It doesn’t get more high profile than a former President of the United States. The nation’s 42nd commander in chief, and PETA’s 2010 Person of the Year, chose to become vegan that same year for health reasons. Speaking at the 2017 Presidential Leadership Scholars program series, he was asked if the life choice had been a difficult one, to which he replied: “Not when you have had a quadruple heart bypass and you want to live to be a grandfather.” He added: “I didn’t give it a second thought. I realised that I was highly prone to arterial blockage, and I thought I’d cut my chances.”
His vegan diet certainly seems to be doing the trick, too. Clinton has lost more than 30 pounds (13kg) Following advice from his doctor, he now incorporates fish and eggs into his diet occasionally, so is more of a ‘chegan’ (cheating vegan), but he continues to follow a primarily vegan diet and publicly promotes it.
Hollywood star Jessica Chastain turned vegan in 2005, when she was in her 20s. Her decision to adopt a plant-based diet was initially made for health reasons but the two-time Oscar nominee is also a committed animal lover. “I don’t want to torture anything,” she once said in a press statement. “It’s about trying to live a life where I’m not contributing to the cruelty in the world.” In 2012, she topped PETA’s Sexiest Vegan Celebrities list.
As a volunteer for the Humane Society of the United States, she has supported the animal rights organisation in its partnership with 200 US school districts to bring vegan menus into their cafeterias. She also works with fashion brands to aid them in creating cruelty-free products. “The more success that I’ve been afforded in my industry, the more I’ve gotten to learn about what’s going on in the fashion world,” she told People magazine. “I very strongly believe in buying products that are cruelty-free.”
Whatever their reasons for becoming vegan, our five fab celebs all have one thing in common: they’re super-stylish dressers and they all look sensational in a suit.
If you’re a committed vegan in search of something sharp and sleek, yet animal-free, we can help.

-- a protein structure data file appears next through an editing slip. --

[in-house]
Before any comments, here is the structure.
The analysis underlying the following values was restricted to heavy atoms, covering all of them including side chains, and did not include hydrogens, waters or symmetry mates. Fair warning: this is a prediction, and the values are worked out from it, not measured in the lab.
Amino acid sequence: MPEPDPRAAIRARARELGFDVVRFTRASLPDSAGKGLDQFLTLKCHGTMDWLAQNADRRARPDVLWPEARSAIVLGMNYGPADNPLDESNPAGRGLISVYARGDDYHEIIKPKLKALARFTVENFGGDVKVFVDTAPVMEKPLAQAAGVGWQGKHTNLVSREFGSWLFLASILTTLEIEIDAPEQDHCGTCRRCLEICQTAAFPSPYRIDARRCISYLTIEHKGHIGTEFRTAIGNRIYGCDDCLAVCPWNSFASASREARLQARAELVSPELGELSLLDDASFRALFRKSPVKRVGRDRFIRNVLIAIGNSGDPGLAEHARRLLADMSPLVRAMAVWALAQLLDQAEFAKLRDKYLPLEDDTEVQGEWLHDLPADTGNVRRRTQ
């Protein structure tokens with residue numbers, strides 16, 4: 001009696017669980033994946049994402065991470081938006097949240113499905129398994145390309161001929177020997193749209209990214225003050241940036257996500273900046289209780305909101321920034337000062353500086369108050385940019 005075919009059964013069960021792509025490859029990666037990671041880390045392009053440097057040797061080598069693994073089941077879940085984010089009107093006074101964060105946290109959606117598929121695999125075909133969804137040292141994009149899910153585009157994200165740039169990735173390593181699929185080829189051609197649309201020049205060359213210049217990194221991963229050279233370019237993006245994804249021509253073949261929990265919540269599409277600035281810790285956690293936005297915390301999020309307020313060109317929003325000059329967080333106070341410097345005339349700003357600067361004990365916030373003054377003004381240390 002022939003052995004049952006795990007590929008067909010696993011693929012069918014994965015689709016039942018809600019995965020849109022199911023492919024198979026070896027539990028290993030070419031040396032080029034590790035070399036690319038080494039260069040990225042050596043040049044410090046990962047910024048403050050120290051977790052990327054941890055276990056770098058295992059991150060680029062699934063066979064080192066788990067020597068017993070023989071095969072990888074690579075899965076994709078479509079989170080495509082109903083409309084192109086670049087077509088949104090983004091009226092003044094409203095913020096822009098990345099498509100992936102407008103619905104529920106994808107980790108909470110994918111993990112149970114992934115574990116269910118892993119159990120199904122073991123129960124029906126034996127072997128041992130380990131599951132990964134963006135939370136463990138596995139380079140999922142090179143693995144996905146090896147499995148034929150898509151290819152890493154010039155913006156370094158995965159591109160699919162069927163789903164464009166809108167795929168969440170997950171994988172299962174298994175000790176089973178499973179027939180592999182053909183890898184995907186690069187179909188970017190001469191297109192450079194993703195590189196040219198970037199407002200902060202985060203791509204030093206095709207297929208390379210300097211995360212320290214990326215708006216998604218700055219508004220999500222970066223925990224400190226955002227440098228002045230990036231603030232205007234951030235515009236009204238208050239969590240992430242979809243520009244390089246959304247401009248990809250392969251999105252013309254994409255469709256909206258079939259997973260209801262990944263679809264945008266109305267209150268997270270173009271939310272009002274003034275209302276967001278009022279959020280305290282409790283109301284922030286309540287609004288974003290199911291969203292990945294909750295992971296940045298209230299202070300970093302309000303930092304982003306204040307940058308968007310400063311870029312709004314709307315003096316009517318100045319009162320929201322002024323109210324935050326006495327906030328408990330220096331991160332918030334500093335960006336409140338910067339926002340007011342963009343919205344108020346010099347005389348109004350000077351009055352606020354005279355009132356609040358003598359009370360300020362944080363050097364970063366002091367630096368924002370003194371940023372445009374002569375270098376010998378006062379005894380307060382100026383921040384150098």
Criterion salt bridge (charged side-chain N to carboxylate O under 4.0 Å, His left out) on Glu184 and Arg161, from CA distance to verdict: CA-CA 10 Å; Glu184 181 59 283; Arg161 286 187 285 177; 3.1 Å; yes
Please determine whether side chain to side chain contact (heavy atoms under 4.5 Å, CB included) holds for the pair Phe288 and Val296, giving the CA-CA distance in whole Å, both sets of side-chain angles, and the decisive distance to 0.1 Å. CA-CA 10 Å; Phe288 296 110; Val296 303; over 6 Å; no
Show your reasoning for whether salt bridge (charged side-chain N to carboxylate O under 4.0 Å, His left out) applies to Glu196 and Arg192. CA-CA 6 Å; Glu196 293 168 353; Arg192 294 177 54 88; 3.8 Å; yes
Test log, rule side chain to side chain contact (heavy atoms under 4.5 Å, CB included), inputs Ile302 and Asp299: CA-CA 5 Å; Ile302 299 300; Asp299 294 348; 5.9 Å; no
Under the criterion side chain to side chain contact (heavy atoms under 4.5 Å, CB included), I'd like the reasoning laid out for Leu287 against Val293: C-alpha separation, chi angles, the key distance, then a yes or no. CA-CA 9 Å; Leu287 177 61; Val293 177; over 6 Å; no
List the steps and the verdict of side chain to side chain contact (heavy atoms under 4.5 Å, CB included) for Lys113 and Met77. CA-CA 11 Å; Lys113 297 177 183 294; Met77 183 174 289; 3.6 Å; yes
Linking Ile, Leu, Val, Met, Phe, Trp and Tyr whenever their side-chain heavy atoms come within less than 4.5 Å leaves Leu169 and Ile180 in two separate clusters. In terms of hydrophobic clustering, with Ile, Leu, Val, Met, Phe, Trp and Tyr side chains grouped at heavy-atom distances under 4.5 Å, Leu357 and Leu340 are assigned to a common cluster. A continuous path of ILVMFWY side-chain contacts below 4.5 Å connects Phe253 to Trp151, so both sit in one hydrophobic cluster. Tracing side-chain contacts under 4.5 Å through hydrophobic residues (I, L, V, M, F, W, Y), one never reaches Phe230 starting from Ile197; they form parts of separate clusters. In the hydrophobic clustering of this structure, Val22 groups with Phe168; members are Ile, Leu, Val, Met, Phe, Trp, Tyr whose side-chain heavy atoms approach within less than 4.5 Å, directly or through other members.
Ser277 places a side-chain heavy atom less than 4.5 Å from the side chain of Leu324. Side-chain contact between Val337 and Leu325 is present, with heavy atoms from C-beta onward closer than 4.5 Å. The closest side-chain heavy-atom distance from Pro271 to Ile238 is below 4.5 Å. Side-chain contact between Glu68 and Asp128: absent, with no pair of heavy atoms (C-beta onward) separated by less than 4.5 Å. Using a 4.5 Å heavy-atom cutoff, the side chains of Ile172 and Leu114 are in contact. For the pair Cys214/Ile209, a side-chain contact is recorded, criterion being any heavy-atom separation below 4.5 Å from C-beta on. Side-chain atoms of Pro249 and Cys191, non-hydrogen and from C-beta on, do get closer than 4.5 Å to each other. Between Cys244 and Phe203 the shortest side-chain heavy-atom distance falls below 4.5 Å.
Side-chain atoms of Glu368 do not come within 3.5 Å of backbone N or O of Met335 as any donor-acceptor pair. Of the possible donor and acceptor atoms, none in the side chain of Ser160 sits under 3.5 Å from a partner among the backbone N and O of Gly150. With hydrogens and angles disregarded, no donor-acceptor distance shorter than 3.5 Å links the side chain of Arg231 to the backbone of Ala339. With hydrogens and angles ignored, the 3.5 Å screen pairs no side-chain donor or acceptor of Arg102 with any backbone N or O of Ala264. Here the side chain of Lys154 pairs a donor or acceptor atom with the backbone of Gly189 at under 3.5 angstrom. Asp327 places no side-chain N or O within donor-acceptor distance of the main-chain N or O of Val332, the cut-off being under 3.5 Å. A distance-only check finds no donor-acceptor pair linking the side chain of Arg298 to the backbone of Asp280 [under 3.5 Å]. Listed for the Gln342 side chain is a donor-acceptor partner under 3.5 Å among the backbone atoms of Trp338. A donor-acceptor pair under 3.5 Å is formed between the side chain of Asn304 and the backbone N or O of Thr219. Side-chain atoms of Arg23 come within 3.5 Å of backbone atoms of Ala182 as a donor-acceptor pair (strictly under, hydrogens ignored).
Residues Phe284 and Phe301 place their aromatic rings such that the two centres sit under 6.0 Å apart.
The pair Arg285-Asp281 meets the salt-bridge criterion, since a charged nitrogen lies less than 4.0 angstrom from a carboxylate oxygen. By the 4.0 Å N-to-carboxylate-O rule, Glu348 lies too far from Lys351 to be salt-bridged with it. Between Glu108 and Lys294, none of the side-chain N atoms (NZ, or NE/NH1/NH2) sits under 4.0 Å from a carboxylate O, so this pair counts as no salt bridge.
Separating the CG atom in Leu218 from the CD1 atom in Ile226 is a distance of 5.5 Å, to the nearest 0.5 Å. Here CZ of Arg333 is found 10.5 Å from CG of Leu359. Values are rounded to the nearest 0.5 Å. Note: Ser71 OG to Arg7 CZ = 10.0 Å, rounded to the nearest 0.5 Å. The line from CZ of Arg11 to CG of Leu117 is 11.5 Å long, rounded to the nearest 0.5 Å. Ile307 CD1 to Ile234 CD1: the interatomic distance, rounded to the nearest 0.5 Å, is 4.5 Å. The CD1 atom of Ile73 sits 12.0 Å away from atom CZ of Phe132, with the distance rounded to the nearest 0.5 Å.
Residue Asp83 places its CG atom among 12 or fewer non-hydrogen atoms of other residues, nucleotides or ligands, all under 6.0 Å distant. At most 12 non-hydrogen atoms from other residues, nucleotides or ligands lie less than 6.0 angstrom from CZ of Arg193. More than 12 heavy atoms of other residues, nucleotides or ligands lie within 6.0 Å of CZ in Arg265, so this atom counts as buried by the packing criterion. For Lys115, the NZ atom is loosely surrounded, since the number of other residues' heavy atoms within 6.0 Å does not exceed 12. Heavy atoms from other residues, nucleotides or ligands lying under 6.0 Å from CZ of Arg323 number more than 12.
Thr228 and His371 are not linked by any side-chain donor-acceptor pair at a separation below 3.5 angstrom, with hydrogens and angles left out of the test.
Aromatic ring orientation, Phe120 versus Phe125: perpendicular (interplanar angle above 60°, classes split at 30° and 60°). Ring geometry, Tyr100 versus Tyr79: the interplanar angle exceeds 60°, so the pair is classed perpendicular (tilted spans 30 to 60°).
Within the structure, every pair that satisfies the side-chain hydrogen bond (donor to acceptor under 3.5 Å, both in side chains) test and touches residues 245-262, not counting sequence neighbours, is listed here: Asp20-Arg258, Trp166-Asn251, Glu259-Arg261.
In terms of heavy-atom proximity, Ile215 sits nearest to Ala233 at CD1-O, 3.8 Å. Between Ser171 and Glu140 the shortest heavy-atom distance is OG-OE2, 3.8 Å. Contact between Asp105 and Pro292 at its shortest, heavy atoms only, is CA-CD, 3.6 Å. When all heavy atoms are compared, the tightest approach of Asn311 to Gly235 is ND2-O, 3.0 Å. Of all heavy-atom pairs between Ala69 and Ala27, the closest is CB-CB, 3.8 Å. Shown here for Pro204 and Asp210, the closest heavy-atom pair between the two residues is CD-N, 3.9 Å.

In 2018 we won a PETA Menswear Fashion Award and our tailoring services are endorsed by the organization.
Sourcing a fully vegan suit can be quite complex, says our co-founder, Jake Allen. “Many components that tailors normally choose are animal-derived products ̶ even the ones you can’t see,” he explains. “You need to do your homework and look beyond the obvious. However, with the correct tailoring advice, it’s entirely possible to stick to a strictly vegan ethic, whilst also enjoying a beautifully tailored suit that will endure for years to come.”
Here are our top tips on what to consider when buying a vegan suit:
Fabric: most bespoke suits are made from wool or silk, but there are a number of vegan alternatives, such as bamboo, cotton and linen, or velvet.
Lining: often made from silk or silk blends, it can, however, be fashioned from poly blends, viscose, or Cupro, a biodegradable cotton-fibre.
Buttons: often made from animal horn or mother of pearl. Ask for 100% natural Corozo nut instead; it makes a great alternative.
Construction: pretty much all the parts you can’t see that give a suit structure are typically made with materials like wool, horsehair and silk. We have animal-product-free options for each part.
For more on these crucial components, check out our comprehensive guide to vegan suits. Or, if you would like explore commissioning your own bespoke, fully vegan suit, contact King & Allen for an appointment.